February 18, 2015, by International students

Dietary requirements: where to find specialist foods in Nottingham

When you arrive in a new city or country there are many things that can be hard to adjust to. Among all these new challenges, one thing you may be concerned about is how to maintain a special diet in an unfamiliar environment. It can be difficult to know where to find foods that fit your dietary requirements – if you’re living in university halls, this food may not be readily available, while if you’re cooking for yourself you may worry about finding everything you need in local shops and supermarkets.

As food is such a central part of daily life this can be daunting, but in Nottingham you’ll quickly find that you can easily get your hands on food that suits your needs, both on and off campus. Nottingham is a culturally rich and diverse city, friendly to many types of different dietary requirements, so there are plenty of options available to you. Whether you’re searching for kosher, halal, gluten-free or vegan, your needs will be easily met here.

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We asked some of our students with special dietary requirements for tips on the best places to find your food essentials.

“Nottingham is a great place to be if you want kosher food!” – Jessie Mayer, JSoc

Many of Nottingham’s students eat a kosher diet, therefore there are an array of options. On campus, Portland Baguette Bar has a kosher deli serving reasonably priced kosher food within your £5.10 meal card limit. The SU shop also sells kosher sandwiches and microwavable kosher meals. Off campus, many supermarkets stock kosher food in their world food aisle – Castle Bridge Road Sainsbury’s offers a wide range. Another option is to speak to the UoN Jewish Chaplains or the Nottingham Chabad Rabbi, who can arrange for kosher meat to be imported from London.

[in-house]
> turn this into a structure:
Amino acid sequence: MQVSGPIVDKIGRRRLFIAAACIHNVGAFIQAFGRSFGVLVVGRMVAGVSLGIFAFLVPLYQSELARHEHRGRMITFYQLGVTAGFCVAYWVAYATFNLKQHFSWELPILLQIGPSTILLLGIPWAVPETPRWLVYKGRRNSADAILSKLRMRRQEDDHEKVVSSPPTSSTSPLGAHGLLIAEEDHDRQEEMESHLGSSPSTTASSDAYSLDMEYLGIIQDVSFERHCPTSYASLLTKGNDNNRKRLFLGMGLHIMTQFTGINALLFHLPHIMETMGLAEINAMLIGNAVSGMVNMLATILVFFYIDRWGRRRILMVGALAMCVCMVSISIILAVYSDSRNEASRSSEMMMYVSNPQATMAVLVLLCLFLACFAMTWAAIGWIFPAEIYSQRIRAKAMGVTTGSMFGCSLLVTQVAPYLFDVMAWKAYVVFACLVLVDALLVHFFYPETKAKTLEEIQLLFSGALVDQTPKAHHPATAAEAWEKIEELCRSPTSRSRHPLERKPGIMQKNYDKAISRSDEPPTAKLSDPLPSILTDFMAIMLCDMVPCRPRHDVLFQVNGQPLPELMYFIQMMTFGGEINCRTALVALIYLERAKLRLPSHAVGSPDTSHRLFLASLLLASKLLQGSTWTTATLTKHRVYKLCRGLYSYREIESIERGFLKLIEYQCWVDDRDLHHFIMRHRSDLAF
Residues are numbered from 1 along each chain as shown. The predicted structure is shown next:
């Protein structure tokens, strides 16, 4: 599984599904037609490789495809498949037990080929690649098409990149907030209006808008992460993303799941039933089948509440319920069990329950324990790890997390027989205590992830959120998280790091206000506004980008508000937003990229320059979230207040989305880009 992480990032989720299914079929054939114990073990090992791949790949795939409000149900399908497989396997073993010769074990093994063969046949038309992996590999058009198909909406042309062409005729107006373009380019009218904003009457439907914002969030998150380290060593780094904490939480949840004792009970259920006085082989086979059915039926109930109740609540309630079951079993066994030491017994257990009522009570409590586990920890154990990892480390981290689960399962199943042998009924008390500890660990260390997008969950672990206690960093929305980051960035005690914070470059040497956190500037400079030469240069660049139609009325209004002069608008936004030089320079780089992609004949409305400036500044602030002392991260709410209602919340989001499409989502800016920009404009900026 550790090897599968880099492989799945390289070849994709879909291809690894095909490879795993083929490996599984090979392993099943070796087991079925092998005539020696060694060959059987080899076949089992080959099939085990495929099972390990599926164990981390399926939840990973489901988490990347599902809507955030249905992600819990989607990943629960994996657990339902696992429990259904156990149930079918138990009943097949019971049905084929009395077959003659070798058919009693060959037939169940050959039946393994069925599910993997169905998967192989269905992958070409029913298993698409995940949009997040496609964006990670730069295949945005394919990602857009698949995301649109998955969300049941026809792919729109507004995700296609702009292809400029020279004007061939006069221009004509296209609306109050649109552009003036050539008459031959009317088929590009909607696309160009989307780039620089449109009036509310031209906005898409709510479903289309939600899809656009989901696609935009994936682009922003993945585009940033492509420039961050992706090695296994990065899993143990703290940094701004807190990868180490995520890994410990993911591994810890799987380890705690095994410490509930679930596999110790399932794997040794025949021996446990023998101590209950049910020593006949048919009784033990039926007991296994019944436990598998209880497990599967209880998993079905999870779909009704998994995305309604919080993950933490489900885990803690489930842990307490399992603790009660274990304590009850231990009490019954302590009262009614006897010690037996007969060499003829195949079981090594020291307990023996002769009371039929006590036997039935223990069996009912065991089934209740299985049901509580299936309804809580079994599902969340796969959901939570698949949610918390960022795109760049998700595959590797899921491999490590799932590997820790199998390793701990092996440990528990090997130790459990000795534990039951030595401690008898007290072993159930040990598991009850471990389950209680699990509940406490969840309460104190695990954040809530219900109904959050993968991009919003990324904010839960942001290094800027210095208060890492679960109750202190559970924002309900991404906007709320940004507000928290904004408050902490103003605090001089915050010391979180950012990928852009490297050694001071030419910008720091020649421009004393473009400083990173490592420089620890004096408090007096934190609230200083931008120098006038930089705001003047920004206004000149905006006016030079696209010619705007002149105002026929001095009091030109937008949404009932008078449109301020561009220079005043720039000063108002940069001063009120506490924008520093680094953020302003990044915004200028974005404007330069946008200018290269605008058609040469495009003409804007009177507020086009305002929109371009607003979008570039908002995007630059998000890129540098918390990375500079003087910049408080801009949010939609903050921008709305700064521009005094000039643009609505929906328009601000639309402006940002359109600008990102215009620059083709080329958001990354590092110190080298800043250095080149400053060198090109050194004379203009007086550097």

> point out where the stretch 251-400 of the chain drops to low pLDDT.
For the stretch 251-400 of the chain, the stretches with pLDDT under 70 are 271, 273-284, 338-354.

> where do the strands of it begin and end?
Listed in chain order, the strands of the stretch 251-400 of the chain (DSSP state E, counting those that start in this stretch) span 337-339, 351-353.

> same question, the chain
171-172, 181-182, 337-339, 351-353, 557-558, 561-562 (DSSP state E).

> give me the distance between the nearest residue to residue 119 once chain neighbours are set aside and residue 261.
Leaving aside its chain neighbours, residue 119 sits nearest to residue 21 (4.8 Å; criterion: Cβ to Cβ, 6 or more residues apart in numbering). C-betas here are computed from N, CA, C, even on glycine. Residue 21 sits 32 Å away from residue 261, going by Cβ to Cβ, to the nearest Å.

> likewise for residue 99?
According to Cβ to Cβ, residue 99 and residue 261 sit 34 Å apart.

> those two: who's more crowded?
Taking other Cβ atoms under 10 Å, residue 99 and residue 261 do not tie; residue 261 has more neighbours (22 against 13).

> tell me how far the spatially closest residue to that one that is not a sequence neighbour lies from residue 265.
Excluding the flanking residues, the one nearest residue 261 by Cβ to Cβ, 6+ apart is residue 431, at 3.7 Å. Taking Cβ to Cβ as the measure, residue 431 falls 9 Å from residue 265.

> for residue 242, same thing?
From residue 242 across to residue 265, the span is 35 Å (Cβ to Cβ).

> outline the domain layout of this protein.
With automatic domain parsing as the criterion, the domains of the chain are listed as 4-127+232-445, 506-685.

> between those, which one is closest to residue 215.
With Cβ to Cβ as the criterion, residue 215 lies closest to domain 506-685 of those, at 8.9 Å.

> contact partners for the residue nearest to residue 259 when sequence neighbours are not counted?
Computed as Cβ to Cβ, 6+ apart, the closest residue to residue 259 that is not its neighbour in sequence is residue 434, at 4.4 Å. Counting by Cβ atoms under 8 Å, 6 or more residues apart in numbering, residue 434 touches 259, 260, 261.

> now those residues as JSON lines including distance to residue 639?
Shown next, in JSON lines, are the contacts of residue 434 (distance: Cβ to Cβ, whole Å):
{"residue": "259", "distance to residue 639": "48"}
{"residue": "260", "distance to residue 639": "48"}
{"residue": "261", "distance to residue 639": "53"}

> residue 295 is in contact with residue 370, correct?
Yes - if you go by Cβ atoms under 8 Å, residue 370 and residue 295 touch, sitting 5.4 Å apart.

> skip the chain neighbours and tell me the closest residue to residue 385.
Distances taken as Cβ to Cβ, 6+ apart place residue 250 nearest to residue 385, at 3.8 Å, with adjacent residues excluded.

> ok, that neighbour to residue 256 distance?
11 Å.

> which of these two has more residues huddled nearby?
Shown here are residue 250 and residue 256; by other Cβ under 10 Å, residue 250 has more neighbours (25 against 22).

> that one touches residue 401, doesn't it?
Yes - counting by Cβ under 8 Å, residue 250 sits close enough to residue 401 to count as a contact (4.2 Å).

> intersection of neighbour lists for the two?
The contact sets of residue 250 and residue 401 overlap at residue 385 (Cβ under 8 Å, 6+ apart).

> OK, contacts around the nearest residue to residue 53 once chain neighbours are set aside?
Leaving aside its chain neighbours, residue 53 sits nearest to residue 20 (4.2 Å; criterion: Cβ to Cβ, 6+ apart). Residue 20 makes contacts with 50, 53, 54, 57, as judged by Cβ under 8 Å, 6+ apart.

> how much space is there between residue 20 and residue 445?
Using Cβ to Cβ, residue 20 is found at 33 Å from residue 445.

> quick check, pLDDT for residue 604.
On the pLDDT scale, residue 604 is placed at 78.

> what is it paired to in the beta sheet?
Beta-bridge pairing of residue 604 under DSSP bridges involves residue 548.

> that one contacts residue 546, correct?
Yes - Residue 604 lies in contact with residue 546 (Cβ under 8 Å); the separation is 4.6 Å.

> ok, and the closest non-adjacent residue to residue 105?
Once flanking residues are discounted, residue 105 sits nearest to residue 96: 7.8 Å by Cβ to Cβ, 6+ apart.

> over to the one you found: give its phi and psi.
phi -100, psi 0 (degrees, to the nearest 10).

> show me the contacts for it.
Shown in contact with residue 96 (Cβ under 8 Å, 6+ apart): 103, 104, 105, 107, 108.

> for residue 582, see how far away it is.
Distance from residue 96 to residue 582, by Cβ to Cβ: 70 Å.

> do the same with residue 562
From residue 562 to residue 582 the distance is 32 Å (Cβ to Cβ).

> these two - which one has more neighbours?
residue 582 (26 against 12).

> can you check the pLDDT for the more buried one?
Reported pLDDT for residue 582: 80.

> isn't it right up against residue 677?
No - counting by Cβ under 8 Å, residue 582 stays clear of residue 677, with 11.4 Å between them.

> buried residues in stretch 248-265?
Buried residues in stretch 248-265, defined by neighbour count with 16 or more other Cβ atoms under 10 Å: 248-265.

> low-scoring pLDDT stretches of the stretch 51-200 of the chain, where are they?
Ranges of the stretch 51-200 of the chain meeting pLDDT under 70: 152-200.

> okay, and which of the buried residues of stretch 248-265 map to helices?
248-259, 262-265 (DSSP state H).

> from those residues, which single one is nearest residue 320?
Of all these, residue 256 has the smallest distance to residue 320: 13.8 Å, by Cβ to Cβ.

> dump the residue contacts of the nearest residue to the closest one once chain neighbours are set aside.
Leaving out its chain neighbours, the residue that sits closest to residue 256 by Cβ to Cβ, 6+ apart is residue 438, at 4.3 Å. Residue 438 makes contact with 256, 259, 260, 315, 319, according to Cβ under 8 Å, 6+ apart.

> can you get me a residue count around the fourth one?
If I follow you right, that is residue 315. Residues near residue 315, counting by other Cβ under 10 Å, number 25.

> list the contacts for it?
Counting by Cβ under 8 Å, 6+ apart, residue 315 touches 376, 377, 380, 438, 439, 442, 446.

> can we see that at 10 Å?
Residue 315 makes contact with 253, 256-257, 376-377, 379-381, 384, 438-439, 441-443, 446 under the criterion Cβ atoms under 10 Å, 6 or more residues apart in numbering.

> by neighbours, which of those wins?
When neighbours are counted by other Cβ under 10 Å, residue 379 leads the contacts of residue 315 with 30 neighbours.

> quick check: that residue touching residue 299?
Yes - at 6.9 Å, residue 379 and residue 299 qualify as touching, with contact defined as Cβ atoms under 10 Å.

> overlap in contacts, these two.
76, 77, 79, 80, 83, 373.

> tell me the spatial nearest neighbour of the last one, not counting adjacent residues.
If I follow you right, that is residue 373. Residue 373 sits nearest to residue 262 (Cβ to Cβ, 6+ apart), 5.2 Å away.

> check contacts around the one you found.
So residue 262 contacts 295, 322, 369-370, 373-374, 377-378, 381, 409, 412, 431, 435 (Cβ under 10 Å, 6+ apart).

Those looking for halal meat will easily find it in the Lenton area – Tesco Express on Ilkeston Road offers a halal section and there are several halal shops and butchers in the Radford and Lenton area, such as the Halal Meat Centre on Radford Road. When it comes to eating out there is a selection of halal restaurants in the city centre, including Nada Budaya Malaysian restaurant, and Marrakesh, which specialises in Moroccan cuisine. Alternatively, hungryhouse.co.uk  has information on various halal takeaways.

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When it comes to ‘free from’ foods you will find a large variety in Nottingham, as most supermarkets cater to special diets. Tesco, Sainsbury’s, Asda, Waitrose and M&S all offer gluten-free and dairy-free sections. The Victoria Centre in the city has a large Tesco and a Waitrose while there is a Tesco Extra in Beeston. Alternatively, in Lenton you’ll find two Sainsbury’s Locals and a Tesco Express, all of which offer ‘free from’ ranges.

To stay gluten-free whilst eating out, most chain restaurants in the city centre offer gluten-free menus, and many smaller restaurants and cafes are also happy to accommodate you. For more information on living gluten-free in Nottingham, visit the UoN Coeliac Society’s website.

“My biggest tip would be not to rely on food labelled gluten-free – check the ingredients on ‘normal’ food and you’ll find options you’d never have considered.” – Bethany Miles, Coeliac Society president

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The city has plenty to offer vegetarians and vegans, with several restaurants and cafes aimed specifically at those on a meat-free diet. In the city centre, Beccy’s Global Kitchen and Alley Café Bar come highly recommended, as do Café Roya and Flying Goose Café in Beeston. Most chain restaurants offer vegetarian and vegan options, including ASK, Las Iguanas, Nando’s and Wagamama. If you prefer to cook at home, the Natural Food Company on Mansfield Road sells specialist products for vegetarians and vegans, as well as for those with gluten intolerance.

In addition to the variety of bars in the city, tee-total students will enjoy Sobar, an alcohol-free bar and restaurant in the centre of Nottingham, which hosts regular events and can be hired as a venue.

For more advice and to meet other students with dietary needs, why not join a university society? The Coeliac Society offers advice on the best restaurants, takeaways and on-the-go meals, while the Vegetarian and Vegan Society organises events at restaurants and cafes, as well as cooking classes. To sign up to a society visit the Students’ Union website.

Posted in FoodNottingham city